In a significant move more than a year ago, the Indian Government directed that all investments from countries that share land borders with India will require prior regulatory approval. This change covered both direct and indirect investments and came in the wake of scrutiny by the Indian securities regulator of Chinese ownership of portfolio investors and the introduction of stricter FDI regimes worldwide. It may be time for the Government to consider whether the rules introduced in 2020 are justified any more in their current form. If not, certain modifications could be considere
Under the Competition Act, 2002, transactions that qualify as a ‘combination’, are required to be notified to, and approved by, the Competition Commission of India (the “CCI”) prior to completion, unless any exemptions apply. If addition, all transactions that are ‘inter-connected’ with such ‘combination’, are also required to be notified to the CCI in a single application along with the combination. This applies irrespective of the inter-connected transaction being exempt from notification requirement on a standalone basis, and the inter-connected transaction may not be completed prior to receipt of the CCI’s approval. However, the identification and treatment of such ‘inter-connected’ transactions is fraught with uncertainty. This note aims to provide an overview of the existing Indian merger control framework and identify certain issues often faced by stakeholders in this regard.
In 2020, a set of orders were issued by the SEBI in which the SEBI imposed penalties on certain individuals for forwarding WhatsApp messages with details of companies’ earnings ahead of formal announcements. These individuals received such messages on WhatsApp groups that they were a part of, and forwarded such messages as they had received them. The SEBI refused to accept the defense that the information shared was simply market chatter that was “heard on the street” and was not unpublished price sensitive information (“UPSI”). The SEBI’s orders were recently overruled by the Securities Appellate Tribunal (“SAT”). The SAT ruled that information could be considered UPSI only when a person in receipt of such information had knowledge that it was UPSI.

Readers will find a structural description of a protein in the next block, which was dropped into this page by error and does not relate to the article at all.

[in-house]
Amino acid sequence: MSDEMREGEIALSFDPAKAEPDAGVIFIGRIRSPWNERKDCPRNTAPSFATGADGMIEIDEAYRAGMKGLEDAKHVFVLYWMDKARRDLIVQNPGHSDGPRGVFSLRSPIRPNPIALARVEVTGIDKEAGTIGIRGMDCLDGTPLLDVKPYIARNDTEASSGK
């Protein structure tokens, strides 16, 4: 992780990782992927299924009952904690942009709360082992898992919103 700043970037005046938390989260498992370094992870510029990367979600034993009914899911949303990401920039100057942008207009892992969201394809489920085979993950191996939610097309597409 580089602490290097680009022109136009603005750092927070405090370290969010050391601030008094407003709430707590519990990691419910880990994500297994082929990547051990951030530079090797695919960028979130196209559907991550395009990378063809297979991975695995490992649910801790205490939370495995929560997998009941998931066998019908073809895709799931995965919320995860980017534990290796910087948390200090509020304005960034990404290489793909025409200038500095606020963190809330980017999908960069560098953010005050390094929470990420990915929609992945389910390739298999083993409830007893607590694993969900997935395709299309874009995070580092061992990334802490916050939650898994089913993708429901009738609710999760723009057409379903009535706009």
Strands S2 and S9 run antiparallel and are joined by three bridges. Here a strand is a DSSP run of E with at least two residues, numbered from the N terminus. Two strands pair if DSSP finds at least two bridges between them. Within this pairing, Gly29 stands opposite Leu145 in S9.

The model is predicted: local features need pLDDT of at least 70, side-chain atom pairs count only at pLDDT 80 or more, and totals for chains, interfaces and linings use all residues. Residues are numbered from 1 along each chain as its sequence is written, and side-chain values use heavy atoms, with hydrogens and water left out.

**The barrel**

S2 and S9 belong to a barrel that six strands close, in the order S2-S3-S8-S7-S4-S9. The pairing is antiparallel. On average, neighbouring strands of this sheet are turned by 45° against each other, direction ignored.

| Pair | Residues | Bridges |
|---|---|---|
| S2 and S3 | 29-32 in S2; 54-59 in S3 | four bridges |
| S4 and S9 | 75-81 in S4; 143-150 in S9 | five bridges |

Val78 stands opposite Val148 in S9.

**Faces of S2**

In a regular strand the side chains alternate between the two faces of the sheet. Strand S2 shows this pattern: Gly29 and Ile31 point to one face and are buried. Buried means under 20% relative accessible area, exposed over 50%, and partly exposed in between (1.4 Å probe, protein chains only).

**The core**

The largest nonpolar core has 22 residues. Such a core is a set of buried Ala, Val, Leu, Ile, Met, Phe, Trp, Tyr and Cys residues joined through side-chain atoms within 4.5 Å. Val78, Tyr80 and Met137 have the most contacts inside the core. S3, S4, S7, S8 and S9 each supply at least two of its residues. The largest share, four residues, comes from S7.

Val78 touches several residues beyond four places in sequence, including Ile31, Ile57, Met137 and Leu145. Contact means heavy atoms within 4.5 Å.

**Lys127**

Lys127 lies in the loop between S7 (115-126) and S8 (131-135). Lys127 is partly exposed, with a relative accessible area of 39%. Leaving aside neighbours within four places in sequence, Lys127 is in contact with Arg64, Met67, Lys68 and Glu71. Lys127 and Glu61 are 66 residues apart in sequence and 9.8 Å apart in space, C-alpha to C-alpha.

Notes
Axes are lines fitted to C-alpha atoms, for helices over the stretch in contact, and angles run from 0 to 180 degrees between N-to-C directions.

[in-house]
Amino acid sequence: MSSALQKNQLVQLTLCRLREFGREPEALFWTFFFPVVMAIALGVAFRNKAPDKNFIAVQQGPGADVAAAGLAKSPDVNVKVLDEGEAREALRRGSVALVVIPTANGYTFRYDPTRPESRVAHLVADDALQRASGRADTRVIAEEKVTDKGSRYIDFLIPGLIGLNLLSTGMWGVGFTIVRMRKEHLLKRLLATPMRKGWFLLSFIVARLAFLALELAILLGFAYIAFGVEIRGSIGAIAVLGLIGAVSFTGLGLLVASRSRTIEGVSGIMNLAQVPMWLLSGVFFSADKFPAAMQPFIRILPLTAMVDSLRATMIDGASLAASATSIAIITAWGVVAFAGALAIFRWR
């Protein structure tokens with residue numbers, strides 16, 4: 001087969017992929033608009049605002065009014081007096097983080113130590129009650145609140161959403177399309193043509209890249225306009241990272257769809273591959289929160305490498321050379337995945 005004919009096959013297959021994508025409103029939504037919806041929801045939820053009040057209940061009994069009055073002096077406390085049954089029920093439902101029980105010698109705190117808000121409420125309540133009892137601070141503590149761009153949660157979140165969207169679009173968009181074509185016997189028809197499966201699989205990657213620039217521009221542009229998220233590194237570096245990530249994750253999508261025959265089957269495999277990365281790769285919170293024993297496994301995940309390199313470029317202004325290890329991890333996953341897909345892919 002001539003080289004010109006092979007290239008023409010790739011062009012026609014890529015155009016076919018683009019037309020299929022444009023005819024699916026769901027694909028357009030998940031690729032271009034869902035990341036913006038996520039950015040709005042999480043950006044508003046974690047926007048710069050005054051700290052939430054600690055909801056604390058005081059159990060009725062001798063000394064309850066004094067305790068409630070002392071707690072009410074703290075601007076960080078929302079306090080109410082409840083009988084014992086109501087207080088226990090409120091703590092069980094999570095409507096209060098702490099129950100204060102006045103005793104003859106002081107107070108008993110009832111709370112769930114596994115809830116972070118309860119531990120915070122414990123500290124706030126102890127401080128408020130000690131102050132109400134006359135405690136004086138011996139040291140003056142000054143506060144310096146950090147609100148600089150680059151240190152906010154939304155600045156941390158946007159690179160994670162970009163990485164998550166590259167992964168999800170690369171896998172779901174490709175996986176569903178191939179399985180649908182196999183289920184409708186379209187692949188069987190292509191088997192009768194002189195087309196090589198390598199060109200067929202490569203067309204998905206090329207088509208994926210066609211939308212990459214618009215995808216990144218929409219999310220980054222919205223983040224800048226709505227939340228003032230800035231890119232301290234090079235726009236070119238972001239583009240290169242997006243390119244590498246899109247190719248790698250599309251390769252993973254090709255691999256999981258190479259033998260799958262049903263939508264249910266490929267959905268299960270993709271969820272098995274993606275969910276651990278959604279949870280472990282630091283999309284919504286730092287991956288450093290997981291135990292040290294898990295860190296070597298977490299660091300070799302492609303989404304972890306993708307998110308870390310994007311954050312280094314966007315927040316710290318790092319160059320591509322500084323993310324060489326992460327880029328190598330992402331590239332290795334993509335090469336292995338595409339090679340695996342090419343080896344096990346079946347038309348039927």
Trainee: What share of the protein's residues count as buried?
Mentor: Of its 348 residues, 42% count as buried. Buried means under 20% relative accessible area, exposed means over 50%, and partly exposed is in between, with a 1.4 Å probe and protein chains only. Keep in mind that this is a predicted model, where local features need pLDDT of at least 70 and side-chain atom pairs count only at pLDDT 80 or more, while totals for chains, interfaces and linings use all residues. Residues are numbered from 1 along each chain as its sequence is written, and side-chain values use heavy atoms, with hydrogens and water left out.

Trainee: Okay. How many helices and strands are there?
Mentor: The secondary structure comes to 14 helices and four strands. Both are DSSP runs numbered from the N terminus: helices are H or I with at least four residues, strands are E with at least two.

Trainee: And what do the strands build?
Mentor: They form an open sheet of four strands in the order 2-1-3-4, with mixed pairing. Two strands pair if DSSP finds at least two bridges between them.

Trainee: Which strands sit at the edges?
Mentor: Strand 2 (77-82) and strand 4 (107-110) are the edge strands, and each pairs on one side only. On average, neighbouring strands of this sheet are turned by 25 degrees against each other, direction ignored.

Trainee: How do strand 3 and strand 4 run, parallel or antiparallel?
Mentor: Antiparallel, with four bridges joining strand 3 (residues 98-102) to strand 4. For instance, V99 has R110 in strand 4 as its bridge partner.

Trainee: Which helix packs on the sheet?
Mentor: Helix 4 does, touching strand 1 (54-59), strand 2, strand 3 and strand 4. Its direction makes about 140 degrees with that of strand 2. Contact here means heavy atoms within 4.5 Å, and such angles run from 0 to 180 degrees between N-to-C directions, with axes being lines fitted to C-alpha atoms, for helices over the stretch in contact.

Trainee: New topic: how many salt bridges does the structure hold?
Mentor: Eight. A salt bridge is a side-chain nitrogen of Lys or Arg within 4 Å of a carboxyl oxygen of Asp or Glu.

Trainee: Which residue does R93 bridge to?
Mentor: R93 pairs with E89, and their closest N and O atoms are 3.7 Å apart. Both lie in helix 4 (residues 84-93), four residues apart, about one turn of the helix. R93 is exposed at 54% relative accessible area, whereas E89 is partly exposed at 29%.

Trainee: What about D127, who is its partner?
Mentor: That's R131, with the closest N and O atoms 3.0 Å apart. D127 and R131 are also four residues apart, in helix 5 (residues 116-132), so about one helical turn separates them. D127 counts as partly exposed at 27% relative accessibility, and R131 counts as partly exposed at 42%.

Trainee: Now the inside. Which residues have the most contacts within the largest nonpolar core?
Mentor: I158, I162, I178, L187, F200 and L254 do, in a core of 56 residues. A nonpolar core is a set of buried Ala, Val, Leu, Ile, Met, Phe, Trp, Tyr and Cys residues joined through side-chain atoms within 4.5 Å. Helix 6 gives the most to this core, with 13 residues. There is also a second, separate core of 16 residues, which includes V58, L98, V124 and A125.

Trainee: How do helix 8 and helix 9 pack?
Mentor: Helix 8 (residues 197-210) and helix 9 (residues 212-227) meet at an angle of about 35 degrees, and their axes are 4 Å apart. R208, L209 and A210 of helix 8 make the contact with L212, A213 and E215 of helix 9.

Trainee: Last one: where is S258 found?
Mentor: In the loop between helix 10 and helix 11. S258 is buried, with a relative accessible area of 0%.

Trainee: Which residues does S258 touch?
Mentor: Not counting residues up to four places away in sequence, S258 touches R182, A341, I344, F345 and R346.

A key feature of the Prevention of Money Laundering Act, 2002 (the “Act”) is the power of the investigating agency under the Act, i.e., the Directorate of Enforcement (the “ED”), to provisionally attach any property believed to be involved in money laundering for an initial period up to 180 days from the date of such attachment. This provision ensures that proceeds that are obtained directly or indirectly from the offences noted under the Act (“scheduled offences”) are not dealt with in any manner so as to frustrate proceedings relating to the confiscation of such proceeds under the Act. Ex facie, this provision appears to be in direct conflict with the rights of bona fide third-parties such as banks, mortgagees, transferee, and lessee etc. who may otherwise have a lawful interest in a property alleged to be involved in money laundering and had no knowledge of such involvement at the time of acquisition of interest in such property. In light of this apparent conflict, does the Act adequately safeguard the rights of such third-parties who have a lawful interest in a property provisionally attached by the ED?
Pursuant to Section 60(5) of the Insolvency and Bankruptcy Code, 2016 the National Company Law Tribunal is bestowed with wide jurisdiction to decide: (i) ‘any’ application or proceeding against a corporate debtor; (ii) ‘any’ claim made by or against a corporate debtor including claims by or against its subsidiaries; and (iii) ‘any’ questions of priority or ‘any’ question of law or facts, arising out of or in relation to insolvency resolution or liquidation proceedings of the corporate debtor. Are there any limits to such jurisdiction of the National Company Law Tribunal?